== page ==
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Dwell on, deny or deal with mistake? The choice is yours

Adapted from a recent online discussion.

You decide whether to dwell on, deny or deal with your mistake

Washington: I ended a relationship VERY badly. Essentially turned it into a yo-yo for three months while I was making up my mind. I've apologized but can't seem to get past it in my own head. It's not the kind of person I like to think of myself as, and I hate that someone is walking around with bad feelings toward me. How do I move on?

Carolyn: Figure out why you behaved the way you did, what you could have done to prevent it, and what you can do now not to repeat it. Most people do something rotten eventually, something they can't undo, and so they have to get used to the idea of living with something forever.

Having something on your conscience presents you with a choice: Dwell on it, deny it or deal with it.

People who recognize what jerks they can be — who don't sugarcoat their mistakes or rationalize themselves off the hook — are less likely to act like jerks again than people who deny their dark sides — people who assume they're one of the good guys in every encounter they have. Humility and contrition are powerful motivators to start making better choices and being a better person.

Now you have a more accurate, realistic view of your character. That will make you better at anticipating yourself, and preventing your shortcomings from making your decisions for you.

Remember, too, that this process works both ways: Just as we all do bad things, we all have bad things done to us, putting victims at the same crossroads as offenders. Do we dwell, deny or deal?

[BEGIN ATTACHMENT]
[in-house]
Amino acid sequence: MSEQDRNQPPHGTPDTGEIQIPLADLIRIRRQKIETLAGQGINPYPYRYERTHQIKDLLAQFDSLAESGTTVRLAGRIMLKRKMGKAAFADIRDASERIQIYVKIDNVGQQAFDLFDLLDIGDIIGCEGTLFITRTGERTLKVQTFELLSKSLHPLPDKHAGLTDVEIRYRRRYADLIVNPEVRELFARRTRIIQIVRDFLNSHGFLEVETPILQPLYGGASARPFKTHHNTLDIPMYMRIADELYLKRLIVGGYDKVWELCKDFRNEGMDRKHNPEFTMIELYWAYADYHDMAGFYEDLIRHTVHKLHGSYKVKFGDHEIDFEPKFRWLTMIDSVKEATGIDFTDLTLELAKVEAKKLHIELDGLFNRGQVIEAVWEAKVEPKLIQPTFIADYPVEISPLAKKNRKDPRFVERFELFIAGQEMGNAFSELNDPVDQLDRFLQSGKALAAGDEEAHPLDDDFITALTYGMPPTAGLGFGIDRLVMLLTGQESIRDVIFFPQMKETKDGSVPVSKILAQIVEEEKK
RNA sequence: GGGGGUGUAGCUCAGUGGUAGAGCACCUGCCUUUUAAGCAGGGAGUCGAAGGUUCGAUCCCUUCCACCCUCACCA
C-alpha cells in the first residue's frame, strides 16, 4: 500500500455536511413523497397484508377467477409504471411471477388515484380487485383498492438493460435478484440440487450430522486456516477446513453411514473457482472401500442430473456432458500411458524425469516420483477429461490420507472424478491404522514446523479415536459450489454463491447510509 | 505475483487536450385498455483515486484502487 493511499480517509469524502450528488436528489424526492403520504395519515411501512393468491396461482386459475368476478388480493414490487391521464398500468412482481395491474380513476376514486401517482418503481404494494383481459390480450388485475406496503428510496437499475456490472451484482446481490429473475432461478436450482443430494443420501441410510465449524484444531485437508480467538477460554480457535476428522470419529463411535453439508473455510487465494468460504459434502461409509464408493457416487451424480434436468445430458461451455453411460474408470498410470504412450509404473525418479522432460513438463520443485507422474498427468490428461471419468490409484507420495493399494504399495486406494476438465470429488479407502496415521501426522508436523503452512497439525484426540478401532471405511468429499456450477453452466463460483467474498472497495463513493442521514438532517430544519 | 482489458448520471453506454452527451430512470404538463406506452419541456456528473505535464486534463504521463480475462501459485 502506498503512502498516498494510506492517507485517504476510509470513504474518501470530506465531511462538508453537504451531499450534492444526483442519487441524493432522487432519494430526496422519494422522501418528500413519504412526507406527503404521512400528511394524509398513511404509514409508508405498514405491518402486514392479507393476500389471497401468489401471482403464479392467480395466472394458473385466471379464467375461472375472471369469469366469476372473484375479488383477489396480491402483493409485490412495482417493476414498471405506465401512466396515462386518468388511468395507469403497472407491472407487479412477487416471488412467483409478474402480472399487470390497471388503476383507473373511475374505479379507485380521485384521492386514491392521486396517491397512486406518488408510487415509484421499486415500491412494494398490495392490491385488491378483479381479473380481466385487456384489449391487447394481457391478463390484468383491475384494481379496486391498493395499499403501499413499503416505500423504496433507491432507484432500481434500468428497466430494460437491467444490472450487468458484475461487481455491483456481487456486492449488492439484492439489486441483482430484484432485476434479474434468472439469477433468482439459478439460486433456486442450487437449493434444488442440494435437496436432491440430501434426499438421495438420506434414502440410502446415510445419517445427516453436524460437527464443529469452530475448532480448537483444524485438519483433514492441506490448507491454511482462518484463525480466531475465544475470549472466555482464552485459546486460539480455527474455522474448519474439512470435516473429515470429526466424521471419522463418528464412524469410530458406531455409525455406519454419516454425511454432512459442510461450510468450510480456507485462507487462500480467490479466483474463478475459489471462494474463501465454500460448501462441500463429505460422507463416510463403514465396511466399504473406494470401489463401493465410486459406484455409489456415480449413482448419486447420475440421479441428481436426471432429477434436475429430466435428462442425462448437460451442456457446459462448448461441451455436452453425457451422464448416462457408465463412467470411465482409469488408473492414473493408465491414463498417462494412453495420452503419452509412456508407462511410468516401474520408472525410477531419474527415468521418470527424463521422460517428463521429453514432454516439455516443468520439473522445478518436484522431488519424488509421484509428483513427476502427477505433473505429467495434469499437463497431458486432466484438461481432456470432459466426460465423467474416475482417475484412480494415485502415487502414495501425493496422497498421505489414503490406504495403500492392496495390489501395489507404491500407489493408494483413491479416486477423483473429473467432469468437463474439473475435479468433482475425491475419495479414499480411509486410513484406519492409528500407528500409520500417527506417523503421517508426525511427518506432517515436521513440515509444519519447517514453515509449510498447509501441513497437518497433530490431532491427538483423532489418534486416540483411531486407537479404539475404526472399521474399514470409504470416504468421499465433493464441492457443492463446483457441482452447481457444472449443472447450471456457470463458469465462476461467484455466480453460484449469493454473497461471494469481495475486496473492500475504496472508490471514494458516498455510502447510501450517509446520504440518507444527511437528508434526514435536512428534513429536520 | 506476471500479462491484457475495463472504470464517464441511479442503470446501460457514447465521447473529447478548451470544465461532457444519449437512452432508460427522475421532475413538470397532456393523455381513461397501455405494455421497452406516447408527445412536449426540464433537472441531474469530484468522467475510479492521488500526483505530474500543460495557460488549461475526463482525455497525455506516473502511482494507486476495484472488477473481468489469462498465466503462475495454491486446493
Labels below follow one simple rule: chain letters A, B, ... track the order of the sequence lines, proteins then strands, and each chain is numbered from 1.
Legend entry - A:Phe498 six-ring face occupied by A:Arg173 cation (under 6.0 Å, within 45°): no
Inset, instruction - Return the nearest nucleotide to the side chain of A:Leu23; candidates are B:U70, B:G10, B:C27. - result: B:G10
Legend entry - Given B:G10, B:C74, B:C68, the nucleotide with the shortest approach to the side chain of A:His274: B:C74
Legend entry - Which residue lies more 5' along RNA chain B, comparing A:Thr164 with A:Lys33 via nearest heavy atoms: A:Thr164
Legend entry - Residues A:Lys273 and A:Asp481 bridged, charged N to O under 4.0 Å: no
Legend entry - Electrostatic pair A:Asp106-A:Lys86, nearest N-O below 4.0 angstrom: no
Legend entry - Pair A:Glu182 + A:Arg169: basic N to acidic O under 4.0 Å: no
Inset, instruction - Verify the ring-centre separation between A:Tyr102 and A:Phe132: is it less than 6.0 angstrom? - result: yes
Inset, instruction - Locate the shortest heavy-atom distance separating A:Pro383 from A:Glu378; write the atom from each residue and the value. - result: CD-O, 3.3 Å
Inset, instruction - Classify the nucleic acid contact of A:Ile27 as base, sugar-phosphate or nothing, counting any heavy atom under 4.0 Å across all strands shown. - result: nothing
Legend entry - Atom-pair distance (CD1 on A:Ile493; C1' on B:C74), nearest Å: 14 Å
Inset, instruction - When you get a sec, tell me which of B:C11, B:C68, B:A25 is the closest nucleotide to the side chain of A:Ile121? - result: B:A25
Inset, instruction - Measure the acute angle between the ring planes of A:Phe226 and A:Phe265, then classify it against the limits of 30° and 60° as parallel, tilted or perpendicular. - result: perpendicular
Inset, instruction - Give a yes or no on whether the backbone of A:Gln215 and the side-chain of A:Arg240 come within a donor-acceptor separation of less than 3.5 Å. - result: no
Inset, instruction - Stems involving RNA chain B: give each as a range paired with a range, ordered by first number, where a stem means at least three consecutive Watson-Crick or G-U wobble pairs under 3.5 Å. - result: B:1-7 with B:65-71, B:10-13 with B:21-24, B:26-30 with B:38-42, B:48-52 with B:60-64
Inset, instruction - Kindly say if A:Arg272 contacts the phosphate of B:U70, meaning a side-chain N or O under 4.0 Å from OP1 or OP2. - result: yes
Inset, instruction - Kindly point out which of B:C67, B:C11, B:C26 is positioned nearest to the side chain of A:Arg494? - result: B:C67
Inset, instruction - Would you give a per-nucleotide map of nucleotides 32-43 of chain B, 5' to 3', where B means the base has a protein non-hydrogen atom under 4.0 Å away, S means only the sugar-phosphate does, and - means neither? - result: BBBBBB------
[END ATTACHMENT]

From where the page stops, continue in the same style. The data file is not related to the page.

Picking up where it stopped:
So while you rightly took responsibility for hurting your ex, it's your ex's responsibility to choose wisely at that crossroads. Your ex may think ill of you, sure, but those feelings could be transformative in so many different ways, if s/he lets them be.

Friends should be forthright about their travel reservations

BYOS: My three best friends and I, all 28, take an annual trip to New York to party and see a show. We each have one sister, and decided this year to bring our sisters along. Mine is only 19, and cannot hang out at bars, which I made clear when we were making the plans. My friends said it was okay and that we'd be creative about filling our nights.

Yesterday, though, I got an e-mail from an account I didn't recognize, anonymously asking me to reconsider bringing my sister because it would be "more fun" to "honor the traditions of boozing it up" and "meeting guys." These have been major elements in previous trips, but I thought we had agreed we'd make an exception this year.

Mostly, though, I am terribly hurt that one (or two, or all) of my best friends chose this weird anonymity instead of just coming to me directly. I don't know whether to confront them en masse or just let it go, but I am thinking I will have to forgo this trip. What do you think?

Carolyn: Wow. Forward it to all three of them, with a note that if anyone has something to say, you'd prefer that she'd come out and say it, thanks. What comes of that will tell you whether you still want to go.

Dwell on, deny or deal with mistake? The choice is yours 08/20/09 [Last modified: Thursday, August 20, 2009 1:32am]

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